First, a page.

Home Immunity Your immune system is as unique as your fingerprint – new study

Your immune system is as unique as your fingerprint – new study

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Each person seems to have a unique immune system. My colleagues and I discovered this immune diversity after finding antibodies in the blood of healthy and sick people. The discovery could help explain why, for example, COVID vaccines appear to be less effective for some people. At the same time, it indicates the possibility of identifying and recovering particularly effective antibodies from individuals and using them to cure others.

In our daily life, our body is confronted and attacked by many germs which use clever tricks to enter our body, in order to gain control. Fortunately, we have a powerful defense: our immune system.

With a functioning immune system, we can fight off most germs that continually and aggressively approach us. Part of our arsenal of weapons to neutralize invading germs is made up of protein molecules called antibodies. These antibodies are abundant in the blood, circulating throughout our body, forming the first line of defense when a new nasty germ appears.

Each different germ requires a different arsenal of weapons (antibodies) to fight them as effectively as possible. Fortunately, our bodies have provided us with a way to make millions, if not billions, of different antibodies, but they cannot all be made at the same time. Often, specific antibodies are made only in response to a particular germ.

If we get infected with bacteria, we start making antibodies to attack and kill these bacteria. If we are infected with the coronavirus, we start making antibodies to neutralize this virus. When they get infected with the flu virus, we make more of them again.

How Antibodies Fight Coronavirus.

How many different antibodies are made at any given time and are therefore present in our blood, was not known. Many scientists have estimated it to be over several billion and therefore almost immeasurable. Using a few blood droplets and a technique called mass spectrometry, my colleagues and I were able to capture and measure the number of different antibodies in the blood and also assess the exact concentration of each one.

Two surprises

Although theoretically our body has the capacity to make thousands of billions of different antibodies, a first surprise came when we found that in the bloodstream of healthy and sick people, a few tens to hundreds of distinct antibodies were present. high concentrations.

By monitoring these profiles from a few droplets of blood, we were surprised for the second time when we noticed that the way the immune system reacts to germs varies greatly from person to person, the antibody profile of each person being unique. And the concentrations of these antibodies change in a unique way during illness or after vaccination. The results may explain why some people are more likely to get sick with the flu or COVID, or why they recover faster from certain illnesses than others.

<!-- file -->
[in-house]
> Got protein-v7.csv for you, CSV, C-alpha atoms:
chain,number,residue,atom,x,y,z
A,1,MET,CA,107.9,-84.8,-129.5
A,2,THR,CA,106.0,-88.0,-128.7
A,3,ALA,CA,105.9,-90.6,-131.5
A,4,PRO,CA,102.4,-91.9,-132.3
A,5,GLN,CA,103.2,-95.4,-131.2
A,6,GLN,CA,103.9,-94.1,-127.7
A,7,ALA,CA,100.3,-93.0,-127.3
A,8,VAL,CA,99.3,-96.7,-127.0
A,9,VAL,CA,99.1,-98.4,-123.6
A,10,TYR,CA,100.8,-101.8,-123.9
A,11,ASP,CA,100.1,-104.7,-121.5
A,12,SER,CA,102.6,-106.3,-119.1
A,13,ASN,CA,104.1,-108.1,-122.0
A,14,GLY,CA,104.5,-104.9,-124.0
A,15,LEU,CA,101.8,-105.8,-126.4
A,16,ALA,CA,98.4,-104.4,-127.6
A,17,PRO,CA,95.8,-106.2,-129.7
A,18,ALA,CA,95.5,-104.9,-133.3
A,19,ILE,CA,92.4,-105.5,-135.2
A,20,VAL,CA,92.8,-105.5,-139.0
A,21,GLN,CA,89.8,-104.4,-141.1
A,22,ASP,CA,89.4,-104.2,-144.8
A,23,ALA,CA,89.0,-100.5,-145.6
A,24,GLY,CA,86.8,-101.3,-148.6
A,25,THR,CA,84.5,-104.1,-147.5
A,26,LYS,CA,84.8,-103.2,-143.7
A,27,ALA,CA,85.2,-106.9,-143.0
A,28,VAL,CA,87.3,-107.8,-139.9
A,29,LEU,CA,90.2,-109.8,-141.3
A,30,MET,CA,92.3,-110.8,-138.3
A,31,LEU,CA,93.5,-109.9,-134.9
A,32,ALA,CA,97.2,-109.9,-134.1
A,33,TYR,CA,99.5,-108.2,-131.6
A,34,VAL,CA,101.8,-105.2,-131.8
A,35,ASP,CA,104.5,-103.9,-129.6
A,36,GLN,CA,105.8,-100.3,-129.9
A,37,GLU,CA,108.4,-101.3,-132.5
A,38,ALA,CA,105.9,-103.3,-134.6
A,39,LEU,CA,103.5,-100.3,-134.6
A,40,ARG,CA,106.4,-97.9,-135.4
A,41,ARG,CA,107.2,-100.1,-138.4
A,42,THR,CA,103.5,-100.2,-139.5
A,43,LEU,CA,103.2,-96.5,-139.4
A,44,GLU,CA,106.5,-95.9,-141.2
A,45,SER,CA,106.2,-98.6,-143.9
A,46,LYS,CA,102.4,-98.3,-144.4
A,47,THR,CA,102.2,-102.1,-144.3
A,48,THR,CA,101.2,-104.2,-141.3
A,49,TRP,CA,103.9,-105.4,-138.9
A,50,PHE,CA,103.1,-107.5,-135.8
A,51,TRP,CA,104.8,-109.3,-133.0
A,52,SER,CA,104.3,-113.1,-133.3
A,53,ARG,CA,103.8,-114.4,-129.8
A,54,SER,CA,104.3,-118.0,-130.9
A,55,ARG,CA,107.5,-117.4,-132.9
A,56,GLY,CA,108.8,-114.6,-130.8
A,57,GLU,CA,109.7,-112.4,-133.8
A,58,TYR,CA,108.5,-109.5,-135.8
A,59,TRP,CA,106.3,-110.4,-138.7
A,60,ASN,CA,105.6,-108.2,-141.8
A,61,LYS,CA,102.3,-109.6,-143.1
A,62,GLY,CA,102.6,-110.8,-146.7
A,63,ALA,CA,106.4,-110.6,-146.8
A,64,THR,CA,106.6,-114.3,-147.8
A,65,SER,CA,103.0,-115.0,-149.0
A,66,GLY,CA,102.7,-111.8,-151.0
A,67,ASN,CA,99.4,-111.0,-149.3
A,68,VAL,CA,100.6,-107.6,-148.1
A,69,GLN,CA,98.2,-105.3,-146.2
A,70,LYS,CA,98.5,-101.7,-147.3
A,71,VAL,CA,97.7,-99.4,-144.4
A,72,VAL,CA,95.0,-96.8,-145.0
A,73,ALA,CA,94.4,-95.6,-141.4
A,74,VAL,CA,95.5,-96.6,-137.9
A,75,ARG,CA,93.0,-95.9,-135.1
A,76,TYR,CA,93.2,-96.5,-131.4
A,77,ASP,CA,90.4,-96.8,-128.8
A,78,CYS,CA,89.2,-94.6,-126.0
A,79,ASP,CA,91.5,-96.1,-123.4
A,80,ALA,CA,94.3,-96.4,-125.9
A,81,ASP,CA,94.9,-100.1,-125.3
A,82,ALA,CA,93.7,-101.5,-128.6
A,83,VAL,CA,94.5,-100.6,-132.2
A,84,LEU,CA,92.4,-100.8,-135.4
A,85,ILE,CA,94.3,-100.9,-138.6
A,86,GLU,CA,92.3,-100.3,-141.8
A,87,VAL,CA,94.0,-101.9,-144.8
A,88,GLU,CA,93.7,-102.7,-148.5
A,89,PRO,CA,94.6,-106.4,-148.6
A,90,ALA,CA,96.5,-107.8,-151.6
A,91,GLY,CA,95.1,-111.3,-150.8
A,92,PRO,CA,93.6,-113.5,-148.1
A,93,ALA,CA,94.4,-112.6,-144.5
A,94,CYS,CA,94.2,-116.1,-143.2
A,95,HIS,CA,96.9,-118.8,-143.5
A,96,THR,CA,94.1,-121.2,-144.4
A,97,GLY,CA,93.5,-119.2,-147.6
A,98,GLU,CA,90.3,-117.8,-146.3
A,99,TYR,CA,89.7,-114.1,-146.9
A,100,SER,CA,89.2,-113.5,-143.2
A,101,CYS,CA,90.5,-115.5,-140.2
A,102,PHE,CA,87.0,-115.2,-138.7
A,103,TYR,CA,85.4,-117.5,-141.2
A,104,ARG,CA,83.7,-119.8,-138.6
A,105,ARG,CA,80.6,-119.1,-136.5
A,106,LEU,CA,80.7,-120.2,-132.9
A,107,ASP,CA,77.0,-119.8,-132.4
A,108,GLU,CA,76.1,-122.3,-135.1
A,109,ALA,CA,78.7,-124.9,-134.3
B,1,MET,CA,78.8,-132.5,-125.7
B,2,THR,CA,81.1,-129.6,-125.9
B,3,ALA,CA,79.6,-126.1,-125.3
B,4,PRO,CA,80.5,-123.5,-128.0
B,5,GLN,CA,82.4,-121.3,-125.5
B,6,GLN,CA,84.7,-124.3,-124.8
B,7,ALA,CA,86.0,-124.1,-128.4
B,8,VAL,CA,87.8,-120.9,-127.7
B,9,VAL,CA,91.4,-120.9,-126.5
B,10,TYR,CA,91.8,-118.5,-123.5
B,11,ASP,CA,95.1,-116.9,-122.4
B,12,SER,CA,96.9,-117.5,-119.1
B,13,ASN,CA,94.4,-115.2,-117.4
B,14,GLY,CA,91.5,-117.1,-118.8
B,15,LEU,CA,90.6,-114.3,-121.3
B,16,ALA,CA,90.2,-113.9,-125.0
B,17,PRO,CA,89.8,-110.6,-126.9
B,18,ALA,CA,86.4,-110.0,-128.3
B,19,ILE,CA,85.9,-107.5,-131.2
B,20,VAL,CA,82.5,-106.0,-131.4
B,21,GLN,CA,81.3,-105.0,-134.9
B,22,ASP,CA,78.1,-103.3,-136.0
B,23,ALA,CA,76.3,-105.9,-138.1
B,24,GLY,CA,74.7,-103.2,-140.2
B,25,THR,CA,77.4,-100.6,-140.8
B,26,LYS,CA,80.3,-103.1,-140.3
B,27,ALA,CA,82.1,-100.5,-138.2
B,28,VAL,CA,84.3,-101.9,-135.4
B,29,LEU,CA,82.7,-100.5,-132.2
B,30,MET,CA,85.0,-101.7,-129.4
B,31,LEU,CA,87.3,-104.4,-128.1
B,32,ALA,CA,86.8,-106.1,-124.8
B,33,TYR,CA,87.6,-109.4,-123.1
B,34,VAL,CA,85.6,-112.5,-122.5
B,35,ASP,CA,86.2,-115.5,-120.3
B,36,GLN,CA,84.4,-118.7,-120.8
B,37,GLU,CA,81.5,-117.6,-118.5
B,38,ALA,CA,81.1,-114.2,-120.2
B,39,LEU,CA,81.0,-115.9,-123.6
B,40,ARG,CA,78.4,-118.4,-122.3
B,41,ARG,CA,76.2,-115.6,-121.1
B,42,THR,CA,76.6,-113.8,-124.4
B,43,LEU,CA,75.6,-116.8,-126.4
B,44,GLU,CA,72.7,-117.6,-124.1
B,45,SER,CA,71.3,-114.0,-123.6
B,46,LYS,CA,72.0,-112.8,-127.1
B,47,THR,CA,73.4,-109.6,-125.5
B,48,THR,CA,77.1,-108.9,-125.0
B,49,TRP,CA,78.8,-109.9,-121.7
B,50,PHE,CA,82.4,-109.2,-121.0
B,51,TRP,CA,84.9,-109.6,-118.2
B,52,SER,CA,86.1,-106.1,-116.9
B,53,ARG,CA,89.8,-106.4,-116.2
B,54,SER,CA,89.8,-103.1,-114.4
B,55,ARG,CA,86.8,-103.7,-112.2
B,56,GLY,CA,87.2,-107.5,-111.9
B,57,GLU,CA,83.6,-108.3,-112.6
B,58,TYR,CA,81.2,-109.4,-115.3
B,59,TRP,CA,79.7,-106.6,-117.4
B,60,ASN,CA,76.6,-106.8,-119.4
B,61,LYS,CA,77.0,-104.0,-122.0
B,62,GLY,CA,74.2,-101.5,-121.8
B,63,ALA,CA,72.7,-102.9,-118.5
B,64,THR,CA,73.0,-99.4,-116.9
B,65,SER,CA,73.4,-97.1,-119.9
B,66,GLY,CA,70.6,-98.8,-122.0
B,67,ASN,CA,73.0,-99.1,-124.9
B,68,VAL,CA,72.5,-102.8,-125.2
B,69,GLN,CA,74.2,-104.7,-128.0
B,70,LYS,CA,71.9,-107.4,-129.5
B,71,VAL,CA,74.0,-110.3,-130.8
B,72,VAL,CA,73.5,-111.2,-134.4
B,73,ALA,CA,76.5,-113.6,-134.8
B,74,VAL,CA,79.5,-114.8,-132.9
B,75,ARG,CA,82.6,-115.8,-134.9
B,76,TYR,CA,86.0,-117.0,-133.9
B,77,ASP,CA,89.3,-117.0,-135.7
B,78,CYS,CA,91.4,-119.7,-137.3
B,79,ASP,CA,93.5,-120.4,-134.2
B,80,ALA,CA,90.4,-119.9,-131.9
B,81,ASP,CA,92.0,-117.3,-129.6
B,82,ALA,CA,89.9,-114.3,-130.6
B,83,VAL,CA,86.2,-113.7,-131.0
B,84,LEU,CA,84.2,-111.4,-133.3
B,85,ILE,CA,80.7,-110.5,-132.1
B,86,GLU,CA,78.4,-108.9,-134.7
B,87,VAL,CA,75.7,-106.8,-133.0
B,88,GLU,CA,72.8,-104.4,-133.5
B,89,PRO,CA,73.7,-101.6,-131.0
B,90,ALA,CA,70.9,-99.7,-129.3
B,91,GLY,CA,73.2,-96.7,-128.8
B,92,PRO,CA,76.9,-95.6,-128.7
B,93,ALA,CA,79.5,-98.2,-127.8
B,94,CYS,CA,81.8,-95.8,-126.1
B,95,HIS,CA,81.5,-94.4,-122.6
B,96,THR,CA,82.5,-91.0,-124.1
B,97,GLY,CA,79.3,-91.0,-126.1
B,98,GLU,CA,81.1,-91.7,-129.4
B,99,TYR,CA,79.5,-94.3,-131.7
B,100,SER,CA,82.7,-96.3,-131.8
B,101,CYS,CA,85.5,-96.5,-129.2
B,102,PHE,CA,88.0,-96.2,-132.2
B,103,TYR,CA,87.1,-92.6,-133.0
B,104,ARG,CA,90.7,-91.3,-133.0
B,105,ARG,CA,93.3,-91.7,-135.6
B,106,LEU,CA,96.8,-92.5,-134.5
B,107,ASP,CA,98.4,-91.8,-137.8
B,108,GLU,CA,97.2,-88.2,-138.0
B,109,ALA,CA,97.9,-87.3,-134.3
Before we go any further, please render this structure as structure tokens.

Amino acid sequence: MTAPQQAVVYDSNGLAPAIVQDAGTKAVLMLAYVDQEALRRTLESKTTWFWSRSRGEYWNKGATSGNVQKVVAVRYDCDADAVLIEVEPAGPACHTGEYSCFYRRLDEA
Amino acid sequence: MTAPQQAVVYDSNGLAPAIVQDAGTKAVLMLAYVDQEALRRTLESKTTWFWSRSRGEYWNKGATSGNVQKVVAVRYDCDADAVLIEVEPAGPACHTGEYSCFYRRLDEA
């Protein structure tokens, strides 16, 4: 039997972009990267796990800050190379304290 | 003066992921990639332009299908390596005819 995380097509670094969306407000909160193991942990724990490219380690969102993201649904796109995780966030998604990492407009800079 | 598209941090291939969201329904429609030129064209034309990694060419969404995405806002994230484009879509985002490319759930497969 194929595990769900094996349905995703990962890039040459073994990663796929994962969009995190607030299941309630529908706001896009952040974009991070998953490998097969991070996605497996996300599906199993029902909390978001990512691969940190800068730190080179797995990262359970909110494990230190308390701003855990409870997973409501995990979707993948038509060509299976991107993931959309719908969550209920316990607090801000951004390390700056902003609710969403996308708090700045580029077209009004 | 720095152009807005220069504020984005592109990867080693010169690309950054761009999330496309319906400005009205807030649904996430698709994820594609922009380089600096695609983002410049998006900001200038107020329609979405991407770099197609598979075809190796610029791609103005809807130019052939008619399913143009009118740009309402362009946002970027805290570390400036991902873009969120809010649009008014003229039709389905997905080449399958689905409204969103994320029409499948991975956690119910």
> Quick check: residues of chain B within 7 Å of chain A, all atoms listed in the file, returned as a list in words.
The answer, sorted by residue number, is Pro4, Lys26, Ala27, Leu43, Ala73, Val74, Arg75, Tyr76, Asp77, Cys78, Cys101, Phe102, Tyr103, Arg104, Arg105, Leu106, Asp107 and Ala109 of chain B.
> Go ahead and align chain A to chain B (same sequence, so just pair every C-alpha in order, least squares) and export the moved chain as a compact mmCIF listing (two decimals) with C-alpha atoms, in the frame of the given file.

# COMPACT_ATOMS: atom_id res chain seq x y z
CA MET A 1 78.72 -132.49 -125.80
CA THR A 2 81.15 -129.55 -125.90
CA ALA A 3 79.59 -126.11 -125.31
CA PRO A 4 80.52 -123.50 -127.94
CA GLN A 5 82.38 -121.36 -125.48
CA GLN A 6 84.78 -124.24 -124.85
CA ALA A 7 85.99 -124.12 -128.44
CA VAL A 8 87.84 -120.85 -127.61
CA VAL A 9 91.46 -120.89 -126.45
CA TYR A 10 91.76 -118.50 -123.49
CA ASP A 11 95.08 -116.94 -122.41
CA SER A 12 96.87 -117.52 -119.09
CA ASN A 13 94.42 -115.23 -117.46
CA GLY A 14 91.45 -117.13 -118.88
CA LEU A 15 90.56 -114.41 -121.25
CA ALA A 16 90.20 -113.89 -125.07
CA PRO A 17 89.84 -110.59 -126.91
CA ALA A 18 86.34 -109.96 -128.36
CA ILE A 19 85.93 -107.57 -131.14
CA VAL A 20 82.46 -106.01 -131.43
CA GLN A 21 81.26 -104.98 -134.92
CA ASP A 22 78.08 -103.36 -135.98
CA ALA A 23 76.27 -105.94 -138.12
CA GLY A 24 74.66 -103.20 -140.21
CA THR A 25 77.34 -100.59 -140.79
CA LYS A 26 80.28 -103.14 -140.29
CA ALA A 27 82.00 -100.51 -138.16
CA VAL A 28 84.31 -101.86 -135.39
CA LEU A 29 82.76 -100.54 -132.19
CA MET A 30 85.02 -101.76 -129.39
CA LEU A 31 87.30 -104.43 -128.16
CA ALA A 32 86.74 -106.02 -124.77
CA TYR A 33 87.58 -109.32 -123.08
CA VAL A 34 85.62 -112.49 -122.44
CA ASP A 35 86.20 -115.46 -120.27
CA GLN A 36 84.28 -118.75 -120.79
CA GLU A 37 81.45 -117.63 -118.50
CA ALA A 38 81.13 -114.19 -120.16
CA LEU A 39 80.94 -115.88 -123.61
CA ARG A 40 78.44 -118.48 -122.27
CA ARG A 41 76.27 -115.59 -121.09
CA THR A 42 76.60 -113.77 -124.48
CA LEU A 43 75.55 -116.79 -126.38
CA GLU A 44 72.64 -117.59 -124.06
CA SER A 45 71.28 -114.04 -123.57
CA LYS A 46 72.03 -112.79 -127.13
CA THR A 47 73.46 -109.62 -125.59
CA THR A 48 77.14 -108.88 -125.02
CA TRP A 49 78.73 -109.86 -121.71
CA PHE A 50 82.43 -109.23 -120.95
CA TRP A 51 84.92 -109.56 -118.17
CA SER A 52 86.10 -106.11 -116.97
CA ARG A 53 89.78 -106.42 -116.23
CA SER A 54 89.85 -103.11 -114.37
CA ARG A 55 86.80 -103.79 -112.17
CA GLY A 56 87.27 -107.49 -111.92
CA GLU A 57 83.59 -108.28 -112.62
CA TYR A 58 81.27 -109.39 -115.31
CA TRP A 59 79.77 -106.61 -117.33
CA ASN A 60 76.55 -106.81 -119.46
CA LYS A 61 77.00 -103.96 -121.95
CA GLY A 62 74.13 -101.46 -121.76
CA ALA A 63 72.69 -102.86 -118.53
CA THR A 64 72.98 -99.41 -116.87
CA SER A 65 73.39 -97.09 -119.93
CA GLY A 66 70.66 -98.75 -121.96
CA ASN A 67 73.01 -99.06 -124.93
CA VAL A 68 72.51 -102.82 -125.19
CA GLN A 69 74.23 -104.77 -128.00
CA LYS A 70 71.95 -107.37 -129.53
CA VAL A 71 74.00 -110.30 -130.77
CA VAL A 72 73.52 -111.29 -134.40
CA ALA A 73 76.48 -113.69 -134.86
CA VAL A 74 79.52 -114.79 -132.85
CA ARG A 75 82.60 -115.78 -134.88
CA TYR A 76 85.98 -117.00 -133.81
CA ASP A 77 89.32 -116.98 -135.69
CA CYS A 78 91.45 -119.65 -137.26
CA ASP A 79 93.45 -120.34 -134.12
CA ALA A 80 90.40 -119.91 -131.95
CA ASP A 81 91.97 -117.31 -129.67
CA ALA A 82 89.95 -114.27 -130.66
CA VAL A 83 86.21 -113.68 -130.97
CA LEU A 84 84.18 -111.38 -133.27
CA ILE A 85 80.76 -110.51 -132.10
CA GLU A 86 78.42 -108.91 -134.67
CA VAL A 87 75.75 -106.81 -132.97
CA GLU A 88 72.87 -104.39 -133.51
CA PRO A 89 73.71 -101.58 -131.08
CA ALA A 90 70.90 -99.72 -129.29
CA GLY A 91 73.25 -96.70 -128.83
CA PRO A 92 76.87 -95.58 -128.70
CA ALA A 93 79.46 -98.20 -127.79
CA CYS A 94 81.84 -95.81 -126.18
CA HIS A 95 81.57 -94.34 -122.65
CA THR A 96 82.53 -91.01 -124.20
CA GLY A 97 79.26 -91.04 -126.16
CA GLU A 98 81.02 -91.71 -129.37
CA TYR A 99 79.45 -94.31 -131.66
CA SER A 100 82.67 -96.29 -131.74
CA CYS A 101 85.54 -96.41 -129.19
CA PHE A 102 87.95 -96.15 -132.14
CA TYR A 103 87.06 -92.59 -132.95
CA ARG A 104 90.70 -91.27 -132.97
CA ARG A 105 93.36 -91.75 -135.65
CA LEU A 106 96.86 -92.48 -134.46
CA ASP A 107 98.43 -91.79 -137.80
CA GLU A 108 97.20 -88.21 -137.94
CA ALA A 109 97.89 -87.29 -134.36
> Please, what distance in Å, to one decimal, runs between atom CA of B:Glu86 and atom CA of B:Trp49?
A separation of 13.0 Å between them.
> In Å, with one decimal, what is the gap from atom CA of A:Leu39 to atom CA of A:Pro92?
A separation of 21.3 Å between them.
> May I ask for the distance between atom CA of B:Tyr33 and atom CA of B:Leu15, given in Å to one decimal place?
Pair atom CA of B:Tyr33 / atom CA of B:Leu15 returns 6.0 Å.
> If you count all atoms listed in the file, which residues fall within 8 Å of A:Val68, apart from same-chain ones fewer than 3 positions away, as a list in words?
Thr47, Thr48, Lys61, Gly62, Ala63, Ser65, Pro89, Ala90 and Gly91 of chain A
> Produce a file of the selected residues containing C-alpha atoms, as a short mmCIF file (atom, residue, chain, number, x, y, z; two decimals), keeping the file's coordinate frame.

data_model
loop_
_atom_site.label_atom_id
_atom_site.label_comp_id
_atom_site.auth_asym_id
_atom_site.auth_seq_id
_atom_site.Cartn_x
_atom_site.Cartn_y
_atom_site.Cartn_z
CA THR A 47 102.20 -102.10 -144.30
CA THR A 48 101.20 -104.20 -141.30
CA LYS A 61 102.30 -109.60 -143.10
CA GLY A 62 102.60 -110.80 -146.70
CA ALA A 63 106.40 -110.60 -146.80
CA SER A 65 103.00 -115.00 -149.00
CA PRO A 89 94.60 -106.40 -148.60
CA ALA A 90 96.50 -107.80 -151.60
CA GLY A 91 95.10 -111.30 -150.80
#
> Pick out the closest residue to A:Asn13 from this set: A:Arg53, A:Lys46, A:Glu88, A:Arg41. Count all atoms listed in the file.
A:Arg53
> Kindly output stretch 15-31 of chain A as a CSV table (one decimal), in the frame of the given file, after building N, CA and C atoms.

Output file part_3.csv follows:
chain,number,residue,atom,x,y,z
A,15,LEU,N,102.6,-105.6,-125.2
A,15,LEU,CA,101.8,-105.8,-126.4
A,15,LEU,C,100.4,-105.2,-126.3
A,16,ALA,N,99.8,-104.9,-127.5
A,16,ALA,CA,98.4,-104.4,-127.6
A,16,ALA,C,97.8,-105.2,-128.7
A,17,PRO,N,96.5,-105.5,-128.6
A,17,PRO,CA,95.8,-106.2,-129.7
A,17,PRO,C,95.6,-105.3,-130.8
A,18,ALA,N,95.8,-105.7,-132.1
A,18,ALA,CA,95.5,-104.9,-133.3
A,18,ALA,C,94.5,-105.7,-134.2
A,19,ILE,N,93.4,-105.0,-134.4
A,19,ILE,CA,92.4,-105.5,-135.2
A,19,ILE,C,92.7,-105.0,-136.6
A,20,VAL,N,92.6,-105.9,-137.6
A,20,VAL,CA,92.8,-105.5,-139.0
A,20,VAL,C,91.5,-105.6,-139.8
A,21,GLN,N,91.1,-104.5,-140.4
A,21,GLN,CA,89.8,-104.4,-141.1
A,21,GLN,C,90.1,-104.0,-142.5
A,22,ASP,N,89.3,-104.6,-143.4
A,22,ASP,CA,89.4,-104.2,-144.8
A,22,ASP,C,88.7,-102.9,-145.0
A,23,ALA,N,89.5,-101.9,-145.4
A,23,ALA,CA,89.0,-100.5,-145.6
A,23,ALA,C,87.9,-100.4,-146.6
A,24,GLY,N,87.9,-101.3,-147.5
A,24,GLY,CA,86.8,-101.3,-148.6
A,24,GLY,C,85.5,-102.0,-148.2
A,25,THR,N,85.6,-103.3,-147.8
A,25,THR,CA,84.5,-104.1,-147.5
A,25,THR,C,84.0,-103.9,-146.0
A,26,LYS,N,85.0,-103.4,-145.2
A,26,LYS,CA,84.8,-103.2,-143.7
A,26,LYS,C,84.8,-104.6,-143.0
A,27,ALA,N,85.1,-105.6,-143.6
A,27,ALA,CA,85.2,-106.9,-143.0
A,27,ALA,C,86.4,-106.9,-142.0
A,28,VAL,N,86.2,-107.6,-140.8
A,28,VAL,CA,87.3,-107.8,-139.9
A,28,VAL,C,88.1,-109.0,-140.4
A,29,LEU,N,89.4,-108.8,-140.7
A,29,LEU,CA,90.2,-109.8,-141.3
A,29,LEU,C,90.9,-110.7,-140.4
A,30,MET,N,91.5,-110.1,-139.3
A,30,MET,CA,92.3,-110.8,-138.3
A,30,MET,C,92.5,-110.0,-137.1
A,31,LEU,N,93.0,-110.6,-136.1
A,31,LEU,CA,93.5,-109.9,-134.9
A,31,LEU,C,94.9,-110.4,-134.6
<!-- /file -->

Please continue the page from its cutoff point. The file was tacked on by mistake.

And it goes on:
Until now, scientists have considered it impossible to accurately map the very complex mixture of antibodies in the blood. But mass spectrometry separates substances based on their molecular makeup, and since each specific antibody has a distinct molecular makeup, we were able to use a refinement of the technique to measure all of the antibodies individually.

The method has been used to measure antibody profiles in around 100 people, including COVID patients and people vaccinated with different COVID vaccines. Not once have we encountered the same antibodies in two different people, even though they had received the same vaccine. It’s safe to say that everyone’s antibody profile is as unique as their fingerprint.

Even though the differences in antibodies are small, they greatly influence the course of a disease. If someone makes fewer antibodies against a certain germ, or only antibodies that are less effective at killing the germ, then a disease may strike harder or more times. On the other hand, if people produce antibodies which are excellent at neutralizing the germ, that antibody could be produced for therapeutic purposes and used to vaccinate or treat patients.

Our research creates opportunities to make optimal vaccines and drugs tailored to an individual’s immune system. By mapping a person’s antibody profile, you can track their body’s reaction to a vaccine or infection, or even drug treatment. This way you can also check whether the body is producing enough desired antibodies, for example those against the coronavirus. If they don’t produce enough, you may consider offering booster shots or antibodies that have worked for other people.


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